The impact and importance of uncorrected refractive error has now been recognised by Vision 2020.LWHO established a Refractive Error Working Group (REWG), as part of global Vision 2020 activities, in recognition of this important facet of international eyecare. The REWG is now developing international strategic plans and policies to eliminate uncorrected refractive error.
Optometry's Role in Correcting Refractive Error
The good news is that while refractive error is amongst the most common causes of blindness and visual impairment, it is also the easiest to ‘cure’. Refractive error can be simply diagnosed, measured and corrected, and the provision of spectacles is an extremely cost-effective intervention, providing immediate correction of the problem.
Throughout the world optometry has been the major provider of vision correction, but usually from a private practice setting. Public health optometry has not reached the communities that are in most need in any organised way. Despite this, on their own initiative, thousands of private optometrists worldwide have regularly visited communities in need to provide vision care and dispense spectacles. The opportunity now is for optometry to develop a concerted effort to create local capacity in these communities, in collaboration with its partners in Vision 2020, through service delivery, by creating human resources and by helping to develop the infrastructure needed, the three cornerstones of the Vision 2020 programme.
What is Needed?
The way to eliminate uncorrected refractive error is through the development of all these aspects of a self-sustaining system, including personnel to provide eyecare services; and spectacles, to correct vision.
Trained eyecare personnel + Affordable spectacles = PEOPLE WHO CAN SEE!
In most developed countries the optometrist to population ratio is approximately 1:10,000. However, in developing countries the ratio is 1:600,000, and much worse in many rural areas, up to millions of people per optometrist. This lack of practitioners is the main reason for high rates of vision problems due to uncorrected refractive error in developing countries. The ‘blindness’ rate in many developing countries, especially in Africa, is 7 times higher, at 1.4%, than in developed countries.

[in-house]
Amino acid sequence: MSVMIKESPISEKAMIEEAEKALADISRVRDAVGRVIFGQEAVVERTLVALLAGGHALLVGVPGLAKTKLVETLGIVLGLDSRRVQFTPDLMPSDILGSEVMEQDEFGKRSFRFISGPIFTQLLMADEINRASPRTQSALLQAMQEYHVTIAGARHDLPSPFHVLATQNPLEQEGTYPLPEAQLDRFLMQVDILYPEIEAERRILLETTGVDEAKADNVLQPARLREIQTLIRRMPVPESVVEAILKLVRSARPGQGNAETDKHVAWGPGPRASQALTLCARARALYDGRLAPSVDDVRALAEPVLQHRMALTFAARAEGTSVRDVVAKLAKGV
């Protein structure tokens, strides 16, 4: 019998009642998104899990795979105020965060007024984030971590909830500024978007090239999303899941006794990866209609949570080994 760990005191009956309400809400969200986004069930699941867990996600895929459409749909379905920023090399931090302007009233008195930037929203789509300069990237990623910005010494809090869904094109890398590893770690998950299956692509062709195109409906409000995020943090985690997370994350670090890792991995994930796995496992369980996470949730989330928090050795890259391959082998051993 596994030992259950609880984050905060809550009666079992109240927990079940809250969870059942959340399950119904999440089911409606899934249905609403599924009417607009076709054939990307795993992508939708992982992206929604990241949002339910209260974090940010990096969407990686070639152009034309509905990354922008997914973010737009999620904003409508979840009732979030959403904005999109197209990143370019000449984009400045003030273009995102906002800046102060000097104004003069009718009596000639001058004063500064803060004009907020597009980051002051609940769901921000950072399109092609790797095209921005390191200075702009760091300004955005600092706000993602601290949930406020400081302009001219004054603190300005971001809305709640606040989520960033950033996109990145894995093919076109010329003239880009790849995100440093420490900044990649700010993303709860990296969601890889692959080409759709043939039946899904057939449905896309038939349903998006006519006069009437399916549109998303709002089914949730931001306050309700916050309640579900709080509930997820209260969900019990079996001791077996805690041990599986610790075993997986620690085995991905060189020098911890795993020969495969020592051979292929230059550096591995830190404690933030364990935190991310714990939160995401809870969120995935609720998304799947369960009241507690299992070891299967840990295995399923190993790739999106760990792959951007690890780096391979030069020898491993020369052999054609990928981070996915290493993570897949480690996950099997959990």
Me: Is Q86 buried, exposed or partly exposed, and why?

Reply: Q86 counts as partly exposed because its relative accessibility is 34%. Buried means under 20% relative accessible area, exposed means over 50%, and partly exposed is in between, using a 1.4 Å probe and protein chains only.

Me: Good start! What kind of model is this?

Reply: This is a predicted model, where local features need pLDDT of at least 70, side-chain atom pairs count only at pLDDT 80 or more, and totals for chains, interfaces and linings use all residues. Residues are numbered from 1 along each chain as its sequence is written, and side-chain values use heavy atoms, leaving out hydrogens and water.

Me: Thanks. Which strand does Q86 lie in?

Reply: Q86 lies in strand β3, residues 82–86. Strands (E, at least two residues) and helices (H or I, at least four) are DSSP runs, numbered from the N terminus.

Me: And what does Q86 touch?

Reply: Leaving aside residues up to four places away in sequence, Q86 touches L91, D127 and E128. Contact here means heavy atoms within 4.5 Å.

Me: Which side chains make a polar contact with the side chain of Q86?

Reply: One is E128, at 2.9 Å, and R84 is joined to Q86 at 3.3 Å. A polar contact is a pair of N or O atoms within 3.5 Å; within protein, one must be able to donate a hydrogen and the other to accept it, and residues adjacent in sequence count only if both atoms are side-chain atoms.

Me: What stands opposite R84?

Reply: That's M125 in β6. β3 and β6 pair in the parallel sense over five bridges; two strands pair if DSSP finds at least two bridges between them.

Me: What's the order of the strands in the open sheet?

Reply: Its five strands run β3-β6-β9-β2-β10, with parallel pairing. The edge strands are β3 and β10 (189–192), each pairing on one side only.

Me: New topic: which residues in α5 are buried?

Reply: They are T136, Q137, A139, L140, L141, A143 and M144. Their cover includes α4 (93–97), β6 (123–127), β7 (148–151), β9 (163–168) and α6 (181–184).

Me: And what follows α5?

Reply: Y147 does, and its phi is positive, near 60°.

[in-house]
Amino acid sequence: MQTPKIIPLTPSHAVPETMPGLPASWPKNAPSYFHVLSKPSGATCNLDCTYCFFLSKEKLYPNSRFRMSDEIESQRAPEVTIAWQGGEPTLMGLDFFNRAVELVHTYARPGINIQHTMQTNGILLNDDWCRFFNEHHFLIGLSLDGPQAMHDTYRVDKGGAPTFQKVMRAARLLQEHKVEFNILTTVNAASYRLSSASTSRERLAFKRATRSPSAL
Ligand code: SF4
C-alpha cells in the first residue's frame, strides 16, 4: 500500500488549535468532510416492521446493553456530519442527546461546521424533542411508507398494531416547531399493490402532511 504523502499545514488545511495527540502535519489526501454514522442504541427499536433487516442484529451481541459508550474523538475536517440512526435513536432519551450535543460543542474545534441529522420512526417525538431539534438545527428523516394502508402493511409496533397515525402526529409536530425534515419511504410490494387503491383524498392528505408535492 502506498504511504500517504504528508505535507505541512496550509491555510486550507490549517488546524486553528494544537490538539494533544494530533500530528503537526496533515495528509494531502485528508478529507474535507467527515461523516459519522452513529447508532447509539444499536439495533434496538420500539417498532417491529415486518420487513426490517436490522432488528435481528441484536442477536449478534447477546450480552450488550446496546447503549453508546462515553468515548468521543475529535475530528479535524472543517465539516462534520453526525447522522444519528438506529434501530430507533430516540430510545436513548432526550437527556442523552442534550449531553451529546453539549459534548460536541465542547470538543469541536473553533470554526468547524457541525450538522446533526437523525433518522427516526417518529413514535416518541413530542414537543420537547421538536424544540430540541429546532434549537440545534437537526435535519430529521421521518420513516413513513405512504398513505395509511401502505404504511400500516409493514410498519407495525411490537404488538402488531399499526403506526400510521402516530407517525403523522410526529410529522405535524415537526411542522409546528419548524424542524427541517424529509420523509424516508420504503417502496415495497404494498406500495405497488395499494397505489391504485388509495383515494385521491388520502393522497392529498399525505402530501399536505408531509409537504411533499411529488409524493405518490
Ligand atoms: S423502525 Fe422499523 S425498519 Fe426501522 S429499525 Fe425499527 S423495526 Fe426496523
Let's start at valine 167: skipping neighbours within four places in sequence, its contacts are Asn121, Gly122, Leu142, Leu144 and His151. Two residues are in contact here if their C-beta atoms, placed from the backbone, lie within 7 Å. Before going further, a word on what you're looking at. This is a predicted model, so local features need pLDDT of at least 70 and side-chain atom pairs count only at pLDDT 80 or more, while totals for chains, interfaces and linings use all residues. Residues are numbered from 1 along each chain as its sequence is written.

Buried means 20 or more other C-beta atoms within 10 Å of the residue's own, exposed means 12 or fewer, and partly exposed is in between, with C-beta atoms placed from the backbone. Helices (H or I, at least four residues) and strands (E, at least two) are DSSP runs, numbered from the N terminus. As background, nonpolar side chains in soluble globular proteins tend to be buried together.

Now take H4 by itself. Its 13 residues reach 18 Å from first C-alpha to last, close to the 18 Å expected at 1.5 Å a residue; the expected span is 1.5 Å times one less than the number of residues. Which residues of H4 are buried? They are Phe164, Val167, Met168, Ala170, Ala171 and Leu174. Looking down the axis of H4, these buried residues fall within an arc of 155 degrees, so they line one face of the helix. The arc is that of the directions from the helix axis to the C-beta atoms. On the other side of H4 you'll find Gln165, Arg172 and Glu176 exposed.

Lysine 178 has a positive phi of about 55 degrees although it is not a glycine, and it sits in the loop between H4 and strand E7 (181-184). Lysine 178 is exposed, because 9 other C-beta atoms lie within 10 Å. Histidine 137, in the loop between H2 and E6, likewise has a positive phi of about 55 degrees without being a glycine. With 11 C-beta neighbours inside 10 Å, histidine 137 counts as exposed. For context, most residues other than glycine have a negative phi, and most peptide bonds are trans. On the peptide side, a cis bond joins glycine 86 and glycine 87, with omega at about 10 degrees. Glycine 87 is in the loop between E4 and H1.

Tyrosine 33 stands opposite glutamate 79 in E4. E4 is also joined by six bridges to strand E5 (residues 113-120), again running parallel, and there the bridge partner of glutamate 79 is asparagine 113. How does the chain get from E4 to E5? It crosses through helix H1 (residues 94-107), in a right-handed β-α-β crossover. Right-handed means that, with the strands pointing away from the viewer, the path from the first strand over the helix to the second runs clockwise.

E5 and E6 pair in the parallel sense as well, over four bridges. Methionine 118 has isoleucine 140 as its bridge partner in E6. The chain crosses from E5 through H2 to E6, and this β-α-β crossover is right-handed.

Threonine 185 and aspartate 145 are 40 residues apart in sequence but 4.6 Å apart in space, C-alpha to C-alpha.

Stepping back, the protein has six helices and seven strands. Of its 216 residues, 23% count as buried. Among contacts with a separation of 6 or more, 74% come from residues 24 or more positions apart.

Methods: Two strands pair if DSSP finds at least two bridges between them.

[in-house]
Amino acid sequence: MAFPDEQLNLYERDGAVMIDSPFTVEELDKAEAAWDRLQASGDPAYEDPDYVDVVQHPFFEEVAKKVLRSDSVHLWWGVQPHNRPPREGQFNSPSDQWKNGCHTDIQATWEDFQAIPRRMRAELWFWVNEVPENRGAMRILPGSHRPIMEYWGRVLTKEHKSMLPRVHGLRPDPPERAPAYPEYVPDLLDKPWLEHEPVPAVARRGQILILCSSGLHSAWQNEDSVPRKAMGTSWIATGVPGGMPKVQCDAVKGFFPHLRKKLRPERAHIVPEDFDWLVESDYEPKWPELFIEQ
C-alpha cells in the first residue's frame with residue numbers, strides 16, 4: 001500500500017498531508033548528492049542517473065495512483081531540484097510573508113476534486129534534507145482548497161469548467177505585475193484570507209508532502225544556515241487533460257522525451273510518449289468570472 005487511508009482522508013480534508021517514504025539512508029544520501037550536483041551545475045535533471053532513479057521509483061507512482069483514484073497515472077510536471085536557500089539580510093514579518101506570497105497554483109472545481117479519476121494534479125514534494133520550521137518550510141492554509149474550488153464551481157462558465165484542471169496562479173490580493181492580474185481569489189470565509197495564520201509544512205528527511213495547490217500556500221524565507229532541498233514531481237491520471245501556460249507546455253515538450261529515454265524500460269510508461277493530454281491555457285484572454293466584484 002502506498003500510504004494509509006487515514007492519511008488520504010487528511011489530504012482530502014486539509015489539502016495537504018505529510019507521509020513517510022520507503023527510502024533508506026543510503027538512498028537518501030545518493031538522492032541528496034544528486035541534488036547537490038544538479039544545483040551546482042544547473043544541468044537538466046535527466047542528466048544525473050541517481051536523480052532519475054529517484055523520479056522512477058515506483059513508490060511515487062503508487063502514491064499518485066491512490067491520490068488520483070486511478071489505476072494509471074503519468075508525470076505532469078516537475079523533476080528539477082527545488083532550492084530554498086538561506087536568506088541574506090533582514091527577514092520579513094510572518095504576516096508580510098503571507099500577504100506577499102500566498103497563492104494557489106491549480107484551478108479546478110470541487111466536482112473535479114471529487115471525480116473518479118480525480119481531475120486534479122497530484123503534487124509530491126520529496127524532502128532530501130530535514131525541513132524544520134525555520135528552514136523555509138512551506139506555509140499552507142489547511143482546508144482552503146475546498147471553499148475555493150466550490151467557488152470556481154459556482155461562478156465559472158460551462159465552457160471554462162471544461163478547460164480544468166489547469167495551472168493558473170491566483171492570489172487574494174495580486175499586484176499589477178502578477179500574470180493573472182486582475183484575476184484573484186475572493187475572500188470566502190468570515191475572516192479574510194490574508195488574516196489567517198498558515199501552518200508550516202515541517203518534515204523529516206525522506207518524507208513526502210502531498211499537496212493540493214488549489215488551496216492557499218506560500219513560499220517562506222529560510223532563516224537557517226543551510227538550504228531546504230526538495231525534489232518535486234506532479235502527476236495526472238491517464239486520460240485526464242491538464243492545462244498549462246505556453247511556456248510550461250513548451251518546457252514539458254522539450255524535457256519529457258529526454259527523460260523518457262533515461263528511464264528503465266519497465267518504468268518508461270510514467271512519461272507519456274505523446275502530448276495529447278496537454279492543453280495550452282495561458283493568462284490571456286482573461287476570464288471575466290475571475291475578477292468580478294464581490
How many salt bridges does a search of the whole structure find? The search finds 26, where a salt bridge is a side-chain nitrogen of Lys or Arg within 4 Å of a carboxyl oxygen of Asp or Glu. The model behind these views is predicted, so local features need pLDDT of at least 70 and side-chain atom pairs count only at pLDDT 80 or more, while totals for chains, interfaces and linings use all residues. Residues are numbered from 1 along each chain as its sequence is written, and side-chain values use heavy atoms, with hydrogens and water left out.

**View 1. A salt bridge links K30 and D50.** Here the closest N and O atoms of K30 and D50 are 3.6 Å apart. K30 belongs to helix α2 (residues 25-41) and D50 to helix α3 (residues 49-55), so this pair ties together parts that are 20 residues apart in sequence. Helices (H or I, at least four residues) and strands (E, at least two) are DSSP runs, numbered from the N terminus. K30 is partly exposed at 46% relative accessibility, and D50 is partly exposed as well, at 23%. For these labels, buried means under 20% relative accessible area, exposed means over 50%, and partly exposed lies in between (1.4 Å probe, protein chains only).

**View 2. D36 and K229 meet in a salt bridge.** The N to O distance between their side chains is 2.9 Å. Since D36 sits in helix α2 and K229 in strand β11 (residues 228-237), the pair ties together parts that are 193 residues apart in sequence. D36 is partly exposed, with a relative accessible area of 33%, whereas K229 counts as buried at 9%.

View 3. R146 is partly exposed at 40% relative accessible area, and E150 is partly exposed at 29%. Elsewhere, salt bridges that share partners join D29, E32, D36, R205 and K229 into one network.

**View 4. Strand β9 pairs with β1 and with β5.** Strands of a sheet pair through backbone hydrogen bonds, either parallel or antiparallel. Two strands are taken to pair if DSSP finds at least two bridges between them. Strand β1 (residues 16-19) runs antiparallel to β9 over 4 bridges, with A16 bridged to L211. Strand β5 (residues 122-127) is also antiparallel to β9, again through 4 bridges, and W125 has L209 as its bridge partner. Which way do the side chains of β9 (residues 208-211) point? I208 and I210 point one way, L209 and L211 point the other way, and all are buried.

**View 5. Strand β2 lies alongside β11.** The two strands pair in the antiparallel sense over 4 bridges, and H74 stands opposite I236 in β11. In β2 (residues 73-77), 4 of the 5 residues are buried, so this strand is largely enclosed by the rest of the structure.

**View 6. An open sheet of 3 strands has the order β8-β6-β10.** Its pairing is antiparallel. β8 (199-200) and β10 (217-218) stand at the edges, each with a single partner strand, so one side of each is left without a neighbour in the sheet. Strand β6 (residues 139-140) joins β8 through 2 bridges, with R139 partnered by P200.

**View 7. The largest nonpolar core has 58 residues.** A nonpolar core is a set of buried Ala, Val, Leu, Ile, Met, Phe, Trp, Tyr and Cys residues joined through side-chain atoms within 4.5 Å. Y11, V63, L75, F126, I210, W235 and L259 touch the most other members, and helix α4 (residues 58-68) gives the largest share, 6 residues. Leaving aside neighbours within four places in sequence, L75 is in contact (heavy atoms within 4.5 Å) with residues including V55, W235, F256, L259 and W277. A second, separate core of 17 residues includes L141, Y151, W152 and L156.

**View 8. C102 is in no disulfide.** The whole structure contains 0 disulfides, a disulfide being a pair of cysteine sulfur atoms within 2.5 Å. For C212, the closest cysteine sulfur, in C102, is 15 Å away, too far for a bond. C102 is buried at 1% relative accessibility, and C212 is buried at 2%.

In order to deliver good quality eyecare to countries where the need is greatest, there needs to be a steady but substantial increase in the number of eyecare personnel trained in refraction and vision correction. The current desperate situation in many countries cannot wait for advanced optometry to develop but requires optometry to take a major role in training mid-level personnel in refractive care. Whether it is the world’s newest country, East Timor, or Ethiopia with its 70 million people, both without any optometrists, interim measures using nurse-refractionists or ophthalmic or optometric technicians that refract are essential.
Many make the issue of refraction and vision correction too simple. Why not just use subjective trial and error? The main reason is that it does not work. Children accommodate, myopia is overcorrected, and hyperopia is undercorrected. The second reason is that both adults and children will not wear spectacles that hurt their ears, look strange or ‘strain their eyes’ –even if they are free. It is a waste of time, resources and money to do it the wrong way. Doing it the right way means an accurate refraction (by a refractionist using either a retinoscope or refractometer) and the correct ISO/ANSI standard spectacles that are comfortable and attractive. Affordable spectacles can be provided easily through mass-distribution of ‘ready-made’ spectacles and the establishment of low-cost local laboratories for ‘tailor-made’ spectacles.
International optometry and opticianry have important roles to play in this task. Traditionally, these groups have been primarily involved in the private sector, generally looking after wealthier people in the community. But progressive leadership in optometry sees an ever-increasing role in the development of training and continuing education programmes for all levels of available eyecare personnel; in the establishment of infrastructure; in the development of effective models and programmes; in the delivery of eyecare services to meet community needs, and in the funding needed for the provision of training and low cost spectacles.
Optometry as Part of the Eyecare Team
In the first Planning Meeting of the Informal Group on Refractive Error, the participants endorsed ‘the inclusion of the correction of visually disabling refractive error as a component of the Global Initiative for the Elimination of Avoidable Blindness - Vision 2020: The Right to Sight’, and ‘emphasised the need to deliver refraction services as an integral part of general health care systems and comprehensive eyecare’. 12
The need for glasses is also a public eye health opportunity not to be missed. Refractive care provides excellent access to the population for screening of more serious eye problems, such as cataract and diabetes. Primary care screening by optometrists and eyecare workers, with optometrists taking care of the more immediate interventions required, and referral for more ‘complicated’ care, is ‘classical’ health care delivery.